Thursday, January 5, 2012

Don't Tell Me Not to Worry

Don't Worry

Grrrr,  The one thing that really gets under my skin is when a doctor (or any medical professional) says to the patient or family member (who is caring for the patient), "Don’t worry” instead of answering the question!!!  The mom asked a specific question about the readings on her son who is ICU for the fourth day, where she sits and sleeps each night next to his bed.  THEY keep changing the diagnosis, and medication to treat the newest diagnosis and she asks a simple question about the numbers and the doctor, in her pumps and white coat answers, “Don’t worry about that the nurses are here to watch that”.

No, here in ICU the nurses walk out of the room and go – we don’t know where for long periods of time.  Mom has had to get the nurse when the vent came undone and alarms would go off.  Mom was right each time she thought her son had a fever and the nurse didn’t think so but he did have a fever – changing the care plan.  Mom has all the records of his past treatments, tests, medications, doctors, allergies, illnesses …. And you can’t answer the questions because you are…… so busy and important?

I would have liked to say, do you think this is the 1960’s where family doesn’t ask questions?   Can’t you just answer the question or don’t you know the answer?  Aha!  That’s it, you must not know because now the mom feels like you have just patted her on the head and said go away little girl.  How DARE you not answer her question!   But that’s what I would have said, mom wants to keep peace.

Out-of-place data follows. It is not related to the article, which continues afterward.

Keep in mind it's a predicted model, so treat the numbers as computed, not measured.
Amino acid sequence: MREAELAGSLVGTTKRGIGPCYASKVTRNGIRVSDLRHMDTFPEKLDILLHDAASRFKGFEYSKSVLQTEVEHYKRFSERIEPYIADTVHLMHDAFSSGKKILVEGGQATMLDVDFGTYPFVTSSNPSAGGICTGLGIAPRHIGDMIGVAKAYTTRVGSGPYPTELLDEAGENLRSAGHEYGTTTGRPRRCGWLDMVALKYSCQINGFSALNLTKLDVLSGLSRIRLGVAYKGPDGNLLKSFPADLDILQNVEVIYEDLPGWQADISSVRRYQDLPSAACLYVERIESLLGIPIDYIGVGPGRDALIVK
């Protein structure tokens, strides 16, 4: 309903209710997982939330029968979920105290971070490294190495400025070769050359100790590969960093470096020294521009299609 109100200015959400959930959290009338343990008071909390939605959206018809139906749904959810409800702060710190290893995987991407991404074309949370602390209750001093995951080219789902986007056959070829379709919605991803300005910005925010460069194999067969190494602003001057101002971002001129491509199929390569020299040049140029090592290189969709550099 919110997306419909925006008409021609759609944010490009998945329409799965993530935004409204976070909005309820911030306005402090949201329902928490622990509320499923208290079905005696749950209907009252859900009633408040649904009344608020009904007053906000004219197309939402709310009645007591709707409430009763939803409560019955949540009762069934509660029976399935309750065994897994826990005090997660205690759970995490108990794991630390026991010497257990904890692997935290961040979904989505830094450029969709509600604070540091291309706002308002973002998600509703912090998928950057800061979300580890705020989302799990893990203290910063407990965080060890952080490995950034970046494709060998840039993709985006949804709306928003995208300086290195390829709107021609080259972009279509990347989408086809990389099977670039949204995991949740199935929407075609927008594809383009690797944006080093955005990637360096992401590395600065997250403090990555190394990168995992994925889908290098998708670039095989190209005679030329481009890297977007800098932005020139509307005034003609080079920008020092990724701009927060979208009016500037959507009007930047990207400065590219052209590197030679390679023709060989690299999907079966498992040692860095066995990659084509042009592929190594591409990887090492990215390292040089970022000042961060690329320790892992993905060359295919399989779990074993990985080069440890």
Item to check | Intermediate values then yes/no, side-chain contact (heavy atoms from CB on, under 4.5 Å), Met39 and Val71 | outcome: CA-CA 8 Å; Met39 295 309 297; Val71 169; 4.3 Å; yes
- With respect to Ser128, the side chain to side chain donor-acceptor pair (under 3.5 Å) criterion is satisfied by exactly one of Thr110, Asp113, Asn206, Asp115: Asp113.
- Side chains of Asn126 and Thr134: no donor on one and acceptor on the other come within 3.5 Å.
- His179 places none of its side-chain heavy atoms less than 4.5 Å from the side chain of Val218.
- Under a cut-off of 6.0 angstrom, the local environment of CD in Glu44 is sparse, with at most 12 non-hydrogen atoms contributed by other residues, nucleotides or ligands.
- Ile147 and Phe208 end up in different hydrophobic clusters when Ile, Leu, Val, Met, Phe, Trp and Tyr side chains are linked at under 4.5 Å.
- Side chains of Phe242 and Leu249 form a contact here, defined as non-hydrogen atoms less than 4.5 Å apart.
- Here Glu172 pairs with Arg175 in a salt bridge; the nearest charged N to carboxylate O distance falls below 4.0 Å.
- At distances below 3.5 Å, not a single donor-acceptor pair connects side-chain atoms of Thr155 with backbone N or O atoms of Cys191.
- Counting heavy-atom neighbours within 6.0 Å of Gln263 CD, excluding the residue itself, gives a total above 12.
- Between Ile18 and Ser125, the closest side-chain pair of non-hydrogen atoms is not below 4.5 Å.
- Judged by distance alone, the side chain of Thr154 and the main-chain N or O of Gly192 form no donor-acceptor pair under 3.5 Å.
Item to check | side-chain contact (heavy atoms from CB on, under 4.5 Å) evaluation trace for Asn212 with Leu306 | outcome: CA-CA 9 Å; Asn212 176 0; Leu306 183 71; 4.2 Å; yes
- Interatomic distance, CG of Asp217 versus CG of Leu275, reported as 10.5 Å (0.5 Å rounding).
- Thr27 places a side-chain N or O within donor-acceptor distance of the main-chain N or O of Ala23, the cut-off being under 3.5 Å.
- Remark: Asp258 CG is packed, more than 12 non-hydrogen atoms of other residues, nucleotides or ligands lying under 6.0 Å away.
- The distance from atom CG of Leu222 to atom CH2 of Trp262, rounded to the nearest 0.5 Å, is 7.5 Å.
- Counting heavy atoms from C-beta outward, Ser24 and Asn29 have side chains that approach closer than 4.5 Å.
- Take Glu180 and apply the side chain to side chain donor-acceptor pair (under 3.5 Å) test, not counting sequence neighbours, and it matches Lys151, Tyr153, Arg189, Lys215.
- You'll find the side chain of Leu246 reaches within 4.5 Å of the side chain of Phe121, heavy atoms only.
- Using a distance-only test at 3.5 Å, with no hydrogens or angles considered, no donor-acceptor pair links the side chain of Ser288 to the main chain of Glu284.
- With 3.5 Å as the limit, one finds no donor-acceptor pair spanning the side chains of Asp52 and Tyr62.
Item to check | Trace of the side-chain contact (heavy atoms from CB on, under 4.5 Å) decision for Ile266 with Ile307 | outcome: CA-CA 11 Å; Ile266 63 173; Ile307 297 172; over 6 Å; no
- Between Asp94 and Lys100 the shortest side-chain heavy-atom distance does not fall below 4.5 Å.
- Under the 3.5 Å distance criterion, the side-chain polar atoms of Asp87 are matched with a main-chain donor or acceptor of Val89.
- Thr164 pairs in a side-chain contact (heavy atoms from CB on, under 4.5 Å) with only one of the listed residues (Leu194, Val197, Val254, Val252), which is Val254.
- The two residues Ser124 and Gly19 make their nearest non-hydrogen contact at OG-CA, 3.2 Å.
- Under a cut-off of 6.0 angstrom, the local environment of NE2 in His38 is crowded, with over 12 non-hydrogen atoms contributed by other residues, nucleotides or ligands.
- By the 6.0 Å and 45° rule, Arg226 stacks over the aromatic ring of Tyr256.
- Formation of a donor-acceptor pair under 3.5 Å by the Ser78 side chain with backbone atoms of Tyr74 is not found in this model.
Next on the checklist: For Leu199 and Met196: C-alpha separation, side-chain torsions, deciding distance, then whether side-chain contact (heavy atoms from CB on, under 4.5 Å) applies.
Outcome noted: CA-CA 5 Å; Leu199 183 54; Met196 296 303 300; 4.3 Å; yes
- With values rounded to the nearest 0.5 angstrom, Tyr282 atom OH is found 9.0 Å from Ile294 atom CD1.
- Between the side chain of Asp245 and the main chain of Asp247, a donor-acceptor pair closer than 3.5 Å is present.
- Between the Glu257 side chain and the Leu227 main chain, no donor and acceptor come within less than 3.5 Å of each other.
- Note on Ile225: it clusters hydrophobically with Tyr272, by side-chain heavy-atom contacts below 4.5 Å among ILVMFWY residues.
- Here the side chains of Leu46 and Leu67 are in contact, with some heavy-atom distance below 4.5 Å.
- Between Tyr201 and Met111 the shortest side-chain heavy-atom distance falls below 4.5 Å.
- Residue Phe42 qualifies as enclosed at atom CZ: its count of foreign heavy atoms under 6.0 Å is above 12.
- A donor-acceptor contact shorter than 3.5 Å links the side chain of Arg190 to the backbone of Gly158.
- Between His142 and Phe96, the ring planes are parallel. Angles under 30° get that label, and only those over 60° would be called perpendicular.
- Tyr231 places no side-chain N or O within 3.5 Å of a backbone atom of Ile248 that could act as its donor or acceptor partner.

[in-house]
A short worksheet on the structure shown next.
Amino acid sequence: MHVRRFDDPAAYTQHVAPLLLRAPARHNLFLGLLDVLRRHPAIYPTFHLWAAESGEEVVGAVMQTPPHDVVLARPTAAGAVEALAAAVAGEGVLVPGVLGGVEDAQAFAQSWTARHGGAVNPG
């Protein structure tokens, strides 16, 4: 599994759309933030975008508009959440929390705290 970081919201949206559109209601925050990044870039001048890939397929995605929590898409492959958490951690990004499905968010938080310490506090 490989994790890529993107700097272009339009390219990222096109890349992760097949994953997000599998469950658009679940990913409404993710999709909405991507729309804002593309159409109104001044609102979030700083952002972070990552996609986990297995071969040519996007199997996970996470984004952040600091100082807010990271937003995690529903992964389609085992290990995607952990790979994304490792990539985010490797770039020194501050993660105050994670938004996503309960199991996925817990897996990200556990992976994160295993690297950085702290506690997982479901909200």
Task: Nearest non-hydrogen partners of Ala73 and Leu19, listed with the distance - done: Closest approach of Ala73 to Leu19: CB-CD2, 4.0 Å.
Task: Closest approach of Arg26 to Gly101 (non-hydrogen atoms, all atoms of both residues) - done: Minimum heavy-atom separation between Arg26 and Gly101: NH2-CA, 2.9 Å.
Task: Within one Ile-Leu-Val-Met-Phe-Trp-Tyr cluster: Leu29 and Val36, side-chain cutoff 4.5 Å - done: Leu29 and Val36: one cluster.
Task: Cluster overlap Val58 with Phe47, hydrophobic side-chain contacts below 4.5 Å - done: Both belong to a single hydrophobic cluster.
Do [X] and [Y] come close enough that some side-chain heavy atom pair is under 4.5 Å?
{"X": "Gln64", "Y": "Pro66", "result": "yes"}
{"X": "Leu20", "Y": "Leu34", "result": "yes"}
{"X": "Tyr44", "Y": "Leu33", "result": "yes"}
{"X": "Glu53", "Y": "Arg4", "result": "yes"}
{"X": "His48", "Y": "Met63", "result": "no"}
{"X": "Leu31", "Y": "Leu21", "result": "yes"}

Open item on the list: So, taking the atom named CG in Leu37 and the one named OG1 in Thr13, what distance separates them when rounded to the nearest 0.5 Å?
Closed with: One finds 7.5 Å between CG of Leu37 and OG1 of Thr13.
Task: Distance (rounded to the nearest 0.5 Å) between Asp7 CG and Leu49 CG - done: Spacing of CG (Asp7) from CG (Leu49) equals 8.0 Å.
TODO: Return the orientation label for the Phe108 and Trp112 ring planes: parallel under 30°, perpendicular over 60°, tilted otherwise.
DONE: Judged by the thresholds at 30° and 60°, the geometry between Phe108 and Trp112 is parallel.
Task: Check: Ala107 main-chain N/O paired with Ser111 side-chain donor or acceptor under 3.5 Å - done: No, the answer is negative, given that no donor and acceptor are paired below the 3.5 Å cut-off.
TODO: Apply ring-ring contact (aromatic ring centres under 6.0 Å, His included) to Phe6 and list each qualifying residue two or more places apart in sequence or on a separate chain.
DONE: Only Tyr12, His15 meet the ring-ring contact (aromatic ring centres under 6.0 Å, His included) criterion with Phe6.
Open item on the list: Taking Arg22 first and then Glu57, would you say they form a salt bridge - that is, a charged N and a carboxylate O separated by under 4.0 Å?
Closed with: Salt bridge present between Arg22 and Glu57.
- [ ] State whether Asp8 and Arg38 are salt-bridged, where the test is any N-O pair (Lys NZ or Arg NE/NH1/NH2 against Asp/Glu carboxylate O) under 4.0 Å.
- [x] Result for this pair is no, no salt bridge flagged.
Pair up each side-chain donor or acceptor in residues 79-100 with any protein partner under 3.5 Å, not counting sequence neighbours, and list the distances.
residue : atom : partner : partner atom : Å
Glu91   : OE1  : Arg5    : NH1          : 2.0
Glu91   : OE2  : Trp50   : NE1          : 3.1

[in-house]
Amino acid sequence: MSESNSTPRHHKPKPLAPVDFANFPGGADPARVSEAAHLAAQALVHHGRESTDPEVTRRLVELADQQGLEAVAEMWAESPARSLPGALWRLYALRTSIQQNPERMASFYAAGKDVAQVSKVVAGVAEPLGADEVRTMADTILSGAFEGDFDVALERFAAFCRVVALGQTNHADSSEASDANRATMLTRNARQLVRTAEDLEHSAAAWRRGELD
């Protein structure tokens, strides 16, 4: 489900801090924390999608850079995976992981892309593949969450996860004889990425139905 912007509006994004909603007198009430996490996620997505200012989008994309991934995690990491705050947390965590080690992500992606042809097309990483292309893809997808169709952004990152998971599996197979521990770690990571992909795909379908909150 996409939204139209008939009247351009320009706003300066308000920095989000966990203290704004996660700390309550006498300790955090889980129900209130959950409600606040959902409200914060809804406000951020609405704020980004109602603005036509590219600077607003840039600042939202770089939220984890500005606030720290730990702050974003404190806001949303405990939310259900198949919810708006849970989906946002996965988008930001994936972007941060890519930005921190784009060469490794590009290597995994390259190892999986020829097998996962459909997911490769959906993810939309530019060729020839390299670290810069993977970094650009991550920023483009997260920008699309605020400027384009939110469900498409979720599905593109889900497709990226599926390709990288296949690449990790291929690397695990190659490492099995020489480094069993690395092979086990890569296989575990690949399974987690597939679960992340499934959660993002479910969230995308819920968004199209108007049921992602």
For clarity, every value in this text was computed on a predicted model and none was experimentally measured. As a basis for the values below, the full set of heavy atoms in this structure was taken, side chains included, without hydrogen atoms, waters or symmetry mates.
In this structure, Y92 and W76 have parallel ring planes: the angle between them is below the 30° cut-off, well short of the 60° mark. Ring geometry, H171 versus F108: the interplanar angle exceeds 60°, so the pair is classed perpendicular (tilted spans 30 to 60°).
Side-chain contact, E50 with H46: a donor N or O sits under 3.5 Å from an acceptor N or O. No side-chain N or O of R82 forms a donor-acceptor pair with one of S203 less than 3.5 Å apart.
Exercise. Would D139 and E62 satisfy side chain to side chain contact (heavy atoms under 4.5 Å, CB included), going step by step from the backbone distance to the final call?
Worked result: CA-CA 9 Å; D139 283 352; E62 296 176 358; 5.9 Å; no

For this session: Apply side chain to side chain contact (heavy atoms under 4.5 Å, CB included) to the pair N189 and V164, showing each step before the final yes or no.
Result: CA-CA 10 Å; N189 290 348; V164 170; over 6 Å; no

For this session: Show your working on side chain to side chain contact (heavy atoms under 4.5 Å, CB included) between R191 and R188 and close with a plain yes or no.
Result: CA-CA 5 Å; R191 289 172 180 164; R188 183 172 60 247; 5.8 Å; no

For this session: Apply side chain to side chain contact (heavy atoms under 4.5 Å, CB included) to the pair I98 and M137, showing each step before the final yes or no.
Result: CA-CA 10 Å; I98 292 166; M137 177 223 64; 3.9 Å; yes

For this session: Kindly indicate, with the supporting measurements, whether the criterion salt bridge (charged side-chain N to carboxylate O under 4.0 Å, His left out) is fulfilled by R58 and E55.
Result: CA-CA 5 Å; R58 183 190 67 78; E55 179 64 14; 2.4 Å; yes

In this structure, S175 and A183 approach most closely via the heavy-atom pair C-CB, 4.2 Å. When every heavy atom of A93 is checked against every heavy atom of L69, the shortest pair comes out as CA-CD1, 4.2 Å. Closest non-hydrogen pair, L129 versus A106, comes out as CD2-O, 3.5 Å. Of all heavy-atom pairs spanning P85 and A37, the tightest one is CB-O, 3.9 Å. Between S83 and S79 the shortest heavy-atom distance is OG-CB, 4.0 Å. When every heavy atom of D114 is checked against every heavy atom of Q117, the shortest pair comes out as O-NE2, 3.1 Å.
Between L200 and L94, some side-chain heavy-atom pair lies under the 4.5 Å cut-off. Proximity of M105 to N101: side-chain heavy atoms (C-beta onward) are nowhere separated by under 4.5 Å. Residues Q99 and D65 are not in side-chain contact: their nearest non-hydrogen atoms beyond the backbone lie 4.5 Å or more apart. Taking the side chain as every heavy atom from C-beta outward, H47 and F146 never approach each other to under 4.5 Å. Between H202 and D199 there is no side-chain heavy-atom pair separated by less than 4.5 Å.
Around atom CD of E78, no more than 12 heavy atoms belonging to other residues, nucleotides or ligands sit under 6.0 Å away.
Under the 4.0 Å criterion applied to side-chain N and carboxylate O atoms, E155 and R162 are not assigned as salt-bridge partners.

Here in this hospital families are asked to leave during rounds and during shift changes.  This makes moms and family more anxious.  That also is so ancient.  Patients who can’t speak for themselves, have a rare disorder and are intubated in ICU need their family there especially when the doctors come around.  Studies have proven this is helpful to the patient's safety and care.  In ICU when a patient can’t speak or understand what is being said, they should welcome the mother there.  She would probably have less questions all day. 

One nurse told me it’s about HIPAA, The other patient’s privacy.  I told him “Don’t tell me about HIPAA, we hear all day long what’s going on with the patients in the next bed and their family hears this patient’s information.  No one is buying media time to report it”.  He went back to his desk.

Some articles on including the patient in shift changes:
Incorporating Bedside Reporting into Change-of-Shift Report

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